• In two with child support cases involving low incomes, payors were ordered to pay small amounts of spousal support despite a zero formula range: H.P. v. D.P., [2006] N.S.J. No. 511, 2006 CarswellNS 560 (Fam.Ct.) ($175/mo spousal support until house sold rather than s. 7 contributions); Skirten v. Lengyel, [2007] O.J. No. 679 (Ont.S.C.J.) (husband should “pay something”, $50/mo). But these are “freak cases”.

One last note: in retirement cases, where a pension has been divided and that divided portion is deducted from the payor’s SSAG income, leaving the payor with a low income, this should not be treated as a “floor” case when his full income in reality exceeds that level, as the B.C. Court of Appeal noted in Brisson v. Brisson, 2012 BCCA 396. More complex issues are raised in these Boston cases, discussed below under “Retirement”.

(b) Payor income above the $350,000 ceiling

In absolute numbers, there aren’t that many of these cases, but they are over-represented in the decided cases, partly because of the high stakes involved and partly because they test the outer limits of our thinking about spousal support. A number of these cases have made their way to the B.C. Court of Appeal: see Carol Rogerson and Rollie Thompson, “Complex Issues Bring Us Back to Basics: The SSAG Year in Review in B.C.” (2009), 28 Canadian Family Law Quarterly 263 at 283-86. B.C. cases still dominate the reported decisions, as many of these high-income cases in Ontario are resolved by arbitration or mediation-arbitration.

There are some clear principles enunciated in the case law, even if the actual outcomes are discretionary and sometimes conflicting. In J.E.H. v. P.L.H., 2014 BCCA 310, leave to appeal to SCC refused [2014] S.C.C.A. No. 412, there is a careful review of the law for cases above the ceiling, where some of these principles are stated.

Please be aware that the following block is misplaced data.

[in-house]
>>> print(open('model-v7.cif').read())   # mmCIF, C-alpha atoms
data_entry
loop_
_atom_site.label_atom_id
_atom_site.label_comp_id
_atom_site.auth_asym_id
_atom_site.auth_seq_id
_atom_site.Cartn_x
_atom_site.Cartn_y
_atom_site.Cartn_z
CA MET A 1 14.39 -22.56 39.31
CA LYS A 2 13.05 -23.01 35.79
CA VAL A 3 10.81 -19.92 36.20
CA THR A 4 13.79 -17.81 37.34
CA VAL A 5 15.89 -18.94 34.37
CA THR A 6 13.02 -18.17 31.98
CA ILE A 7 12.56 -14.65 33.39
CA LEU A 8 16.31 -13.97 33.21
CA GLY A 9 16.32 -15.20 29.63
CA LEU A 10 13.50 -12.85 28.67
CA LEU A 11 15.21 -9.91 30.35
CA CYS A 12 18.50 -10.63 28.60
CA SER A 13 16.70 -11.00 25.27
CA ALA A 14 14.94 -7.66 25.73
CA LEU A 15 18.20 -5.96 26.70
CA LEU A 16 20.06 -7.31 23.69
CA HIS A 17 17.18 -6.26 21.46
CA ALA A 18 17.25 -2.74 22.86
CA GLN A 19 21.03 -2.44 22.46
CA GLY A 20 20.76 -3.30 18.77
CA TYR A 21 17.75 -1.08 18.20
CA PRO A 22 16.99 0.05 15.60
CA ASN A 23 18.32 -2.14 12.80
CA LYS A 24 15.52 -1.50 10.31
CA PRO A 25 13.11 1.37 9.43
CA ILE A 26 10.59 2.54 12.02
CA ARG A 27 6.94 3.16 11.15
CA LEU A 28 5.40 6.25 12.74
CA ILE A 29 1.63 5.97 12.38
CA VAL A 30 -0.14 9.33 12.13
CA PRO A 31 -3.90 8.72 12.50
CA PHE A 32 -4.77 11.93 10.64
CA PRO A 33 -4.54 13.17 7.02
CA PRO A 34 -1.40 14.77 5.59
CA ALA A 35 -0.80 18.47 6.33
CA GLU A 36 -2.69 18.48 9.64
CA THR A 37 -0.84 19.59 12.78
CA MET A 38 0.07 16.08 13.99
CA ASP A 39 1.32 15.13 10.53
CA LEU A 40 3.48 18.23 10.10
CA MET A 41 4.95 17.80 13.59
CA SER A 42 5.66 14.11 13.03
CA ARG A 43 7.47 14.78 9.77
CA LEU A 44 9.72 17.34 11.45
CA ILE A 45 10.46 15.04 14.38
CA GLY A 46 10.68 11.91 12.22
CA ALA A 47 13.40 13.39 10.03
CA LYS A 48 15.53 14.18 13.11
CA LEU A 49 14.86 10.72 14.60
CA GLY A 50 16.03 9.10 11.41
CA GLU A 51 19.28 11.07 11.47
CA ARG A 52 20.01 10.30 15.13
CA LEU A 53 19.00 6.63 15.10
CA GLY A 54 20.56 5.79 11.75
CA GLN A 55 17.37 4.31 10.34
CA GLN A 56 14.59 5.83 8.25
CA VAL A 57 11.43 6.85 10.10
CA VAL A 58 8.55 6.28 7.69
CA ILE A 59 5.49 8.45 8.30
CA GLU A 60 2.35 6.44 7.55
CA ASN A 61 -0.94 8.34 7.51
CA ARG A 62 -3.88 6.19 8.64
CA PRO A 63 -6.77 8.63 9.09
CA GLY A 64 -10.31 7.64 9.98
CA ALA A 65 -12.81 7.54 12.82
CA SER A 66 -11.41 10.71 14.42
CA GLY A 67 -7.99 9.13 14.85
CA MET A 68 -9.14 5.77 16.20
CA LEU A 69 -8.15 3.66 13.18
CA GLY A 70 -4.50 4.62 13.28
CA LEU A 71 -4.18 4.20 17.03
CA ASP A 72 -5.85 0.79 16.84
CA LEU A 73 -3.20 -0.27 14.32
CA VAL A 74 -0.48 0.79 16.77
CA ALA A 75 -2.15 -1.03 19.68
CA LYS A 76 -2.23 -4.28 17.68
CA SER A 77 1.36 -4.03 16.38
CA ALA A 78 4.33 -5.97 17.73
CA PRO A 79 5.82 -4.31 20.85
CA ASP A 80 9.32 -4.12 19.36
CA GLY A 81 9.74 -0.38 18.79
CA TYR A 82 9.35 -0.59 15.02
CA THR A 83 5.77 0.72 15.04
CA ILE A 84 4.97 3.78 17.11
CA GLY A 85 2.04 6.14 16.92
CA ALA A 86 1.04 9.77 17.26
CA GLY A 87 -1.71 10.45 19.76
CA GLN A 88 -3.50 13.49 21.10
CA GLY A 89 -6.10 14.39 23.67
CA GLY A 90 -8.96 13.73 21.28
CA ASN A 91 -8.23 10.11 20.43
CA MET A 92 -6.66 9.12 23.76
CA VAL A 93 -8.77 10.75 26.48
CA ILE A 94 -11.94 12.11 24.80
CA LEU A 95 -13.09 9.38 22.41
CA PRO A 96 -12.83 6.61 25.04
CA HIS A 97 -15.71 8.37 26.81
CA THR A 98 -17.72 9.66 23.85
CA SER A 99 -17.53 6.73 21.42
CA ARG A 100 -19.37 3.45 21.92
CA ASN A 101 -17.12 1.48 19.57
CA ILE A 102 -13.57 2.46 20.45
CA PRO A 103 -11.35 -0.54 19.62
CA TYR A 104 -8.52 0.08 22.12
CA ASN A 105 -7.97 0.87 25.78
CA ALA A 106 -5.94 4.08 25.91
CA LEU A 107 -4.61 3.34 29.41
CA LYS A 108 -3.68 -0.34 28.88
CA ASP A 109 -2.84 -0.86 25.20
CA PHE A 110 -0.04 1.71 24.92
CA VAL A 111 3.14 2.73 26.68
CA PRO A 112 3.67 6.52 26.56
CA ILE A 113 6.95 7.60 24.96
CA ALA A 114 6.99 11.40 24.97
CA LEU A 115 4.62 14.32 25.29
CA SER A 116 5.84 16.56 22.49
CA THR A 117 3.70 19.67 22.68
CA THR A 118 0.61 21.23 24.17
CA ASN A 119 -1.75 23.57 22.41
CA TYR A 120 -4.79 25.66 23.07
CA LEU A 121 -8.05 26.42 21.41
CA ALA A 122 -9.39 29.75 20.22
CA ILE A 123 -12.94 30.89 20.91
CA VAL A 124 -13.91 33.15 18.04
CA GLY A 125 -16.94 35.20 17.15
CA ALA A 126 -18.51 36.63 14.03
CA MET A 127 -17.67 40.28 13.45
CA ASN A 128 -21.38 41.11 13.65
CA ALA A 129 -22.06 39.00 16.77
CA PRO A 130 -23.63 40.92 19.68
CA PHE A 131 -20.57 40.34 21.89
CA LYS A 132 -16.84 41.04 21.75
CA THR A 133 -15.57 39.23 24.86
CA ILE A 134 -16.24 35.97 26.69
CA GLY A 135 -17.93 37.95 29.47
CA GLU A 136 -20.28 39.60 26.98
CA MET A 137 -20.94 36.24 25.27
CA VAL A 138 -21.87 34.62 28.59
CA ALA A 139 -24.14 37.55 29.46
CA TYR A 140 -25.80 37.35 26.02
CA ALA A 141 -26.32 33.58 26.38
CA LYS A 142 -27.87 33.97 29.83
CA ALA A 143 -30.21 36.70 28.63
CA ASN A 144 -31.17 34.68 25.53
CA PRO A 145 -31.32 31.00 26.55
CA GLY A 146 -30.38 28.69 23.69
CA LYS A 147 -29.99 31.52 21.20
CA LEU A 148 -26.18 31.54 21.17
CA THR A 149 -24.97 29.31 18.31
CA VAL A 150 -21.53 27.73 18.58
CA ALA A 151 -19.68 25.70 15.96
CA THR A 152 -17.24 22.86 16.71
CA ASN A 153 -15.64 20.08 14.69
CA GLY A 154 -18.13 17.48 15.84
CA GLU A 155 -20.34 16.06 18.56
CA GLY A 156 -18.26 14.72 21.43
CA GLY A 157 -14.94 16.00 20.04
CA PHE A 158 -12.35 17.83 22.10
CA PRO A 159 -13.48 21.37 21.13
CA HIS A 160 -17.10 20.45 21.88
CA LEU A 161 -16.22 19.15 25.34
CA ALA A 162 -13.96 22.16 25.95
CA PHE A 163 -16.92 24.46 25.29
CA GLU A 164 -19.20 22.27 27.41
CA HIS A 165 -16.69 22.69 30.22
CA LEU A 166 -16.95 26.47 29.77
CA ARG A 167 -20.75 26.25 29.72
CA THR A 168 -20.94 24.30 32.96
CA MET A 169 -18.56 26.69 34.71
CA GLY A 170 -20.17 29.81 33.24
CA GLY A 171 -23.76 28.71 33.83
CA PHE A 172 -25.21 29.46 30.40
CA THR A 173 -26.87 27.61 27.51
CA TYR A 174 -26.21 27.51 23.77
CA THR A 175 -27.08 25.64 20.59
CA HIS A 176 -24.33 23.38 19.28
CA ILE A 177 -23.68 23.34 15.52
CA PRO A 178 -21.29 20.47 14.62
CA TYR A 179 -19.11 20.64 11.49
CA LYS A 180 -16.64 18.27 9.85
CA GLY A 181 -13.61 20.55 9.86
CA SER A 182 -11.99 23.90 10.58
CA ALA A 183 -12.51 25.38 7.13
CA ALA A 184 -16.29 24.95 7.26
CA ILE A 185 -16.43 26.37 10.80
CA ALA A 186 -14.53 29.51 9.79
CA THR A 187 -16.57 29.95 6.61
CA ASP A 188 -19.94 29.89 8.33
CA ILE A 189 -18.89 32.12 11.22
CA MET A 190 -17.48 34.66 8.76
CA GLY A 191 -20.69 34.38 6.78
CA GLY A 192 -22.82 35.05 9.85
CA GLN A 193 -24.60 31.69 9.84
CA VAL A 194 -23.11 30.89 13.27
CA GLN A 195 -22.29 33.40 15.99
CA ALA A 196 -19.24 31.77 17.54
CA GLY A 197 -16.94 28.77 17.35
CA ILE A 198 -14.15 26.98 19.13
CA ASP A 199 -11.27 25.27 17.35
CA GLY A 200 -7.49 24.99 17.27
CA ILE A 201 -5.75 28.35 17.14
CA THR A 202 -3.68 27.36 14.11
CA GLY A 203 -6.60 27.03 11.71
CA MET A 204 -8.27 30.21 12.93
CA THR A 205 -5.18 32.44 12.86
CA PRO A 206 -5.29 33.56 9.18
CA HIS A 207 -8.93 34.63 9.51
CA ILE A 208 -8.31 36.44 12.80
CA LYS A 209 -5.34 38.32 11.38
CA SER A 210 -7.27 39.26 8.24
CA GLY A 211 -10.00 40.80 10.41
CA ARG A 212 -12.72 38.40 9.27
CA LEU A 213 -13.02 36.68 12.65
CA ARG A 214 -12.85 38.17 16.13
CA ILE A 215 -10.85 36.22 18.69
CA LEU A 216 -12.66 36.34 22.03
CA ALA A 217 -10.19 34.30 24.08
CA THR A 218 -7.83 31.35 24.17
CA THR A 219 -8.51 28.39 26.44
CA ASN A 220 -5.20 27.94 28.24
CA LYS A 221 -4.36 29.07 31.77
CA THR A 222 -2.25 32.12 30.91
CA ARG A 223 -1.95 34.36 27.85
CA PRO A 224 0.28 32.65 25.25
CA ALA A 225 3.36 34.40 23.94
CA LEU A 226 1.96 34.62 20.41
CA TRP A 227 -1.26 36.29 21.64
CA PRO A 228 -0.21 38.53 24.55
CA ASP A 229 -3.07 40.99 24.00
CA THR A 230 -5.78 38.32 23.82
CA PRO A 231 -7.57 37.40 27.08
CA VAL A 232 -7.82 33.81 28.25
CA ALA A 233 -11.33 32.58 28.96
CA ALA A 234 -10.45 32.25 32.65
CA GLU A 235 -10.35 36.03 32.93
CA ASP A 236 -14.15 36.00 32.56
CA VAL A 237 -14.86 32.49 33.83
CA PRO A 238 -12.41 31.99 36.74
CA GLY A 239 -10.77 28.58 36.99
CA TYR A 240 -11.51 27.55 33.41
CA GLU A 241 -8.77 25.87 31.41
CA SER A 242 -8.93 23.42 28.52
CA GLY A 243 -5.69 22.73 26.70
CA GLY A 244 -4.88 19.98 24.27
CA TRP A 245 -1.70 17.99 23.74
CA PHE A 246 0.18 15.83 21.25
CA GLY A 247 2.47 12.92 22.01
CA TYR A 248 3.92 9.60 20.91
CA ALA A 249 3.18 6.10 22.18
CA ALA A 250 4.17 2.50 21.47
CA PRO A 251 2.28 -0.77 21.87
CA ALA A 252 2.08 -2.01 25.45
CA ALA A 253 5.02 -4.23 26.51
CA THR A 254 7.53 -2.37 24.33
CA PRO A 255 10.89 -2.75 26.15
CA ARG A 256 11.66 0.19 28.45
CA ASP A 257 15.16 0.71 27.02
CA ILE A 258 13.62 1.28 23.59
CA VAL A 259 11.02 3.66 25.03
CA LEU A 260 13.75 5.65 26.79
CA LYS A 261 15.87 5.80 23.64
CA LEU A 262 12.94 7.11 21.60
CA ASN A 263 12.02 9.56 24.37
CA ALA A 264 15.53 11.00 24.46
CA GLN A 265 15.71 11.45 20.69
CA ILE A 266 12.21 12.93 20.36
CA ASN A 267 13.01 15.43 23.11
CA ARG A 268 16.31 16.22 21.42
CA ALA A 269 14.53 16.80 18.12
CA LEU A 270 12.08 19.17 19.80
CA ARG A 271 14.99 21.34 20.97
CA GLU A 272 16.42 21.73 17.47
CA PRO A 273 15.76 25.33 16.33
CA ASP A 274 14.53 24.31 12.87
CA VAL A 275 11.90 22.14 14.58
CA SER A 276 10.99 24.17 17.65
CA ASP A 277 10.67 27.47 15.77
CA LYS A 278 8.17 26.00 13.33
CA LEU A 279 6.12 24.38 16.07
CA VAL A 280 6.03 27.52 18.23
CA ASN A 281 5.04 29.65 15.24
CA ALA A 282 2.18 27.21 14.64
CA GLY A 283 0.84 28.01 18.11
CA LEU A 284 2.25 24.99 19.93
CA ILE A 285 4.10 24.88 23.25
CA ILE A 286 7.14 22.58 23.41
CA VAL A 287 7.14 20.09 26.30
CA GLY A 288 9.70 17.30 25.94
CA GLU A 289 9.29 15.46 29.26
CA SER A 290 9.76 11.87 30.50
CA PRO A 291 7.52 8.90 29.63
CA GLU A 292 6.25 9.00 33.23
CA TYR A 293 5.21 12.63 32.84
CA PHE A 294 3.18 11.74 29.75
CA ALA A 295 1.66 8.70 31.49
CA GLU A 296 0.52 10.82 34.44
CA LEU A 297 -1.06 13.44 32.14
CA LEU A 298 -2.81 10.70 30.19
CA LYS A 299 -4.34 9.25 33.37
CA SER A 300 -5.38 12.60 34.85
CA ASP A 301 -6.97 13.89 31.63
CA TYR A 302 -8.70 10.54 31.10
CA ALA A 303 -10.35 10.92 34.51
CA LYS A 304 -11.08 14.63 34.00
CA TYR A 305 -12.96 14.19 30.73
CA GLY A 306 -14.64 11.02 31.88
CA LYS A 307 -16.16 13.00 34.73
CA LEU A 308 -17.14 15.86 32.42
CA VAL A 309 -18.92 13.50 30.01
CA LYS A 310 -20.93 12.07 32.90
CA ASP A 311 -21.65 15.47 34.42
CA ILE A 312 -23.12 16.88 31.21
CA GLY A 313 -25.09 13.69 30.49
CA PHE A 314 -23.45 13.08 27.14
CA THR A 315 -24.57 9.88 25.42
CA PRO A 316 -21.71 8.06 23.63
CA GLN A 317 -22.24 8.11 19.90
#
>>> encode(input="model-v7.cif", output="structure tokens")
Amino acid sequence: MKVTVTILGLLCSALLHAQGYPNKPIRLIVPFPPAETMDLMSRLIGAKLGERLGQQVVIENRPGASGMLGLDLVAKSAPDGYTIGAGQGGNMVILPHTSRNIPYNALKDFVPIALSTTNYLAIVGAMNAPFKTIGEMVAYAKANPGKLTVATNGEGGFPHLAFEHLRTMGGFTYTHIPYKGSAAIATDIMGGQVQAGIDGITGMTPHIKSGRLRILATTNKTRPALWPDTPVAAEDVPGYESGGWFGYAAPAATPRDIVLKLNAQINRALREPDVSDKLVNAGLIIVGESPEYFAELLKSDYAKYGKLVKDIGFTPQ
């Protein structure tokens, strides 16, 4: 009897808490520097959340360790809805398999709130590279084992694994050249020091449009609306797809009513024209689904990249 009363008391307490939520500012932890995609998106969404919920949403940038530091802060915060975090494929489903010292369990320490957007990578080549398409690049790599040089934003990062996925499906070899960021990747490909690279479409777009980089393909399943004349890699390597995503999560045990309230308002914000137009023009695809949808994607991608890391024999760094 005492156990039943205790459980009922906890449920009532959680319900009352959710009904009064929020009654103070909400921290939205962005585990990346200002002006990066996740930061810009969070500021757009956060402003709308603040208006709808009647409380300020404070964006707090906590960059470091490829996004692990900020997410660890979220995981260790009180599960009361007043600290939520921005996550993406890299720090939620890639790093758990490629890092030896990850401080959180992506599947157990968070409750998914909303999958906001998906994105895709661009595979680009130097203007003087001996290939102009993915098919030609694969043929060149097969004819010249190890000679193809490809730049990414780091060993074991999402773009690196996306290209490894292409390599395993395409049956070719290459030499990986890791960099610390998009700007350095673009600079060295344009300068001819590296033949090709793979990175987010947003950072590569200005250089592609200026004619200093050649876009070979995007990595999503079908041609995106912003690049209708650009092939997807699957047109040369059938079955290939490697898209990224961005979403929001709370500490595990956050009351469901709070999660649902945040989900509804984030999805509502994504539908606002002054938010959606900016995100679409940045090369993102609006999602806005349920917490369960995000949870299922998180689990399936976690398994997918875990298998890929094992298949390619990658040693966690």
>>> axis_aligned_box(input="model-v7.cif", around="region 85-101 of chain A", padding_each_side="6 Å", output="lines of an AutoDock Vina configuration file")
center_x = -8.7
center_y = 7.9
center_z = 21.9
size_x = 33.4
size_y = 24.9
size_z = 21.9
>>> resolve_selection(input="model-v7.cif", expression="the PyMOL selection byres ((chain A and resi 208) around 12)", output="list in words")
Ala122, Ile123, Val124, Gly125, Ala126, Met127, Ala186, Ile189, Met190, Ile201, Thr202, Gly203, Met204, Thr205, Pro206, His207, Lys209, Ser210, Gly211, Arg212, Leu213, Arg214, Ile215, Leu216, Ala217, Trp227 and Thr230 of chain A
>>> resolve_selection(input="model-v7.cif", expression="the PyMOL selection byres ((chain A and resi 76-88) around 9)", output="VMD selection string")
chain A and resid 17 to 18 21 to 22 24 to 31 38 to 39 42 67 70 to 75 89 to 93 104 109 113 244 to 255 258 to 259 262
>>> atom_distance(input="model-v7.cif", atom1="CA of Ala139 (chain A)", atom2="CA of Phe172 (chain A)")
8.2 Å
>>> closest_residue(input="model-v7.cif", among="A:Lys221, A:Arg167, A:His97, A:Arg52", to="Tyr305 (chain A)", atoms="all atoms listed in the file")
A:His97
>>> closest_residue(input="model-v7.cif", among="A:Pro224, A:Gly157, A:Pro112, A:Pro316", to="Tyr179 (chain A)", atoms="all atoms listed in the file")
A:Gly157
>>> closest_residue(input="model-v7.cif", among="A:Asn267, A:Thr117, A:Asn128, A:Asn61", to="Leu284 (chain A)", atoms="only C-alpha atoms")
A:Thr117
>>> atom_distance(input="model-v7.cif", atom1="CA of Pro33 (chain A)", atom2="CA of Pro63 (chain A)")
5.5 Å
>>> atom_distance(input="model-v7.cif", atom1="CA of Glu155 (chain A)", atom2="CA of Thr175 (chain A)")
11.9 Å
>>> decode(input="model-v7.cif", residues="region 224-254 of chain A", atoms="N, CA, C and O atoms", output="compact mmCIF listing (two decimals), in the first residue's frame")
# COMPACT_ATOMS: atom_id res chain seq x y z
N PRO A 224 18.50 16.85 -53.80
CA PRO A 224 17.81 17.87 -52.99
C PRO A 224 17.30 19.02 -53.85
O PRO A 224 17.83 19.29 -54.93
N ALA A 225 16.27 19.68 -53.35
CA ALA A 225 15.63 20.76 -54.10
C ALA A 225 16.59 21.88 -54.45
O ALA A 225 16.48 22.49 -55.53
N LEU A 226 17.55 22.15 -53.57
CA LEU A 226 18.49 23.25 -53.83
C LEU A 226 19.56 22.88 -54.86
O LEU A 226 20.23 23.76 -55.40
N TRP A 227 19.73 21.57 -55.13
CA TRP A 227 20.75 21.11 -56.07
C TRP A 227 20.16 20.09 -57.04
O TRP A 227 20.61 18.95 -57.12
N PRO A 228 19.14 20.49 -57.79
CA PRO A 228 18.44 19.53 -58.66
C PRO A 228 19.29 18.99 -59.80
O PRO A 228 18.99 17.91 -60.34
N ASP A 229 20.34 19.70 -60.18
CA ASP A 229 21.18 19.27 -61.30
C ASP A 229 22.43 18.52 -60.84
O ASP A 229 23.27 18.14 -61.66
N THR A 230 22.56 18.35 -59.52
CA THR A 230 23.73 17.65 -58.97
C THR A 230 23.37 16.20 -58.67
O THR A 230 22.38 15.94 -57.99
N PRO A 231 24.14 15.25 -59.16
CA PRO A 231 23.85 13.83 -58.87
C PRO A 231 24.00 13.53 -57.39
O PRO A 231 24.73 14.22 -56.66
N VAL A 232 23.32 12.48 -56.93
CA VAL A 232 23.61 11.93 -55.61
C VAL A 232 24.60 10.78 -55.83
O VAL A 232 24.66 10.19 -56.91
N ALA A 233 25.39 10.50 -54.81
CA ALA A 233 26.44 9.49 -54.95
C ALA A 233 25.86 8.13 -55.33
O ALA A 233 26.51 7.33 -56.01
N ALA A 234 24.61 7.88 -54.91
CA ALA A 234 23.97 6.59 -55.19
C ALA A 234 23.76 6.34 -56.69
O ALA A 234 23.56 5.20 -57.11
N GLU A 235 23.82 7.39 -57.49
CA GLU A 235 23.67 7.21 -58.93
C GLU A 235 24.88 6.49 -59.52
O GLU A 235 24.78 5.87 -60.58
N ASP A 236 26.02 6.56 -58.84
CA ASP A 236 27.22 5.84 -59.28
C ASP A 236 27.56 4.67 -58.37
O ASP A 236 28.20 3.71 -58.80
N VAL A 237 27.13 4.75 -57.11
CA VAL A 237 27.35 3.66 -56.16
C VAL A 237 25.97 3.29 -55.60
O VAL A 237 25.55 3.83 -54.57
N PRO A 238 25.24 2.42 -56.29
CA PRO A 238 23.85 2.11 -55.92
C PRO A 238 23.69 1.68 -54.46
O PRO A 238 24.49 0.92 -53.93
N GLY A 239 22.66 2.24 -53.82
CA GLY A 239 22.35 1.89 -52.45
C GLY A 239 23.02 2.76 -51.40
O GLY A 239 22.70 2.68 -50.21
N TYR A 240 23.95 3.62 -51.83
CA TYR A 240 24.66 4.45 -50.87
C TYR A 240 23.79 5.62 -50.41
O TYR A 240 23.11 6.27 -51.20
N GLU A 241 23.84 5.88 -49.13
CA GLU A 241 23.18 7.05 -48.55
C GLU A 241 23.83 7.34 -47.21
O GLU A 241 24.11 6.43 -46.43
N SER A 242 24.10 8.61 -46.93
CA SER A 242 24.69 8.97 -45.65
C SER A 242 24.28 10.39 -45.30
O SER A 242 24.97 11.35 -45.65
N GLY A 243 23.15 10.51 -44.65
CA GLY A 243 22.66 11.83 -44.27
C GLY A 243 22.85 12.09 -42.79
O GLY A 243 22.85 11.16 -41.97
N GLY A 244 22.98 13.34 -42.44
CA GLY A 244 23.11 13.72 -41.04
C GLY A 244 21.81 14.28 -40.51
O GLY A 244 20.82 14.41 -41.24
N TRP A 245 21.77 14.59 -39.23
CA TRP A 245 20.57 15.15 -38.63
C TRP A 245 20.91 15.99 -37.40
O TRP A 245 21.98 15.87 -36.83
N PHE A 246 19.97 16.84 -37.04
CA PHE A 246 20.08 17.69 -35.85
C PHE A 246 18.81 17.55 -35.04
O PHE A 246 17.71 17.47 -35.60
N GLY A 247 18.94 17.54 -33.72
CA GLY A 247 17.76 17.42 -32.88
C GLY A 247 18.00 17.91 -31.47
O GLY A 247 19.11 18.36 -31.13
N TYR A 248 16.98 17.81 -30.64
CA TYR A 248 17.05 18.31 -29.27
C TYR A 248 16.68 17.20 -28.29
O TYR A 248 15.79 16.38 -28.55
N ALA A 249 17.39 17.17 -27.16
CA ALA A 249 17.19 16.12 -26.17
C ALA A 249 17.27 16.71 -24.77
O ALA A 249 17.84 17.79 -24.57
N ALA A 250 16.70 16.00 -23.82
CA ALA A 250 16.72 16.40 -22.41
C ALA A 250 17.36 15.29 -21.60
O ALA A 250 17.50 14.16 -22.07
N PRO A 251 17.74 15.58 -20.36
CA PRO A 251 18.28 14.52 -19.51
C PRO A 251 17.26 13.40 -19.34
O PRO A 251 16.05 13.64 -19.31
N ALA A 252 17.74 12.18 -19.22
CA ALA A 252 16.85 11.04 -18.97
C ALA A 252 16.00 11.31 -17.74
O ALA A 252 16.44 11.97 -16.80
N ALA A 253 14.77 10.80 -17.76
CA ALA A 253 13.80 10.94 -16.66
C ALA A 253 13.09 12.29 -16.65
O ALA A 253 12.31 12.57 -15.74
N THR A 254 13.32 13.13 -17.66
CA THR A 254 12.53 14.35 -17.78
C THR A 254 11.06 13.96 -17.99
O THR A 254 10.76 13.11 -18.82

• The formulas for amount are no longer presumptive once the payor’s income exceeds the “ceiling”.
  • The ceiling is not an absolute or hard “cap”, as spousal support can and usually does increase for payor incomes above $350,000. 
  • The formulas are not to be applied automatically above the ceiling, although the formulas may provide an appropriate method of determining spousal support in an individual case, depending on the facts.
  • Above the ceiling, spousal support cases require an individualized, fact-specific analysis. It is not an error, however, to fix an amount in the SSAG range, as was done in J.E.H. v. P.L.H., above. Evidence and argument are required.
  • Where the payor’s income is not too far above the ceiling, the formula ranges will often be used to determine the amount of spousal support, with outcomes falling in the low-to-mid range for amount. How far is “not too far above” is still not clear. Somewhere between $500,000 and $700,000, it seems.
  • Once the payor’s income is “far” above the ceiling, then the amount of support ordered will usually be below the low end of the SSAG range, but SSAG ranges are still calculated and sometimes the outcome will fall within the SSAG range.

In light of these principles, it is critical that counsel do SSAG calculations even in high income cases. It is wise to calculate the ranges for alternative income levels:  for the $350,000 ceiling (as a minimum) and for the full income (as a maximum), as well as for a range of intermediate incomes (to assist the court in triangulating an outcome). For a good example of such alternative calculations, see Saunders v. Saunders, 2014 ONSC 2459.

A number of the reported high income decisions involve interim or temporary support awards. Interim outcomes are more likely to fall within the formula range, as the goal in the interim period is to maintain the financial status quo: Cork v. Cork, 2013 ONSC 2788. In some of these cases, the estimate of the payor’s income will be low, pushing the amount higher in the range to adjust: Saunders v. Saunders, above; Loesch v. Walji, 2008 BCCA 214.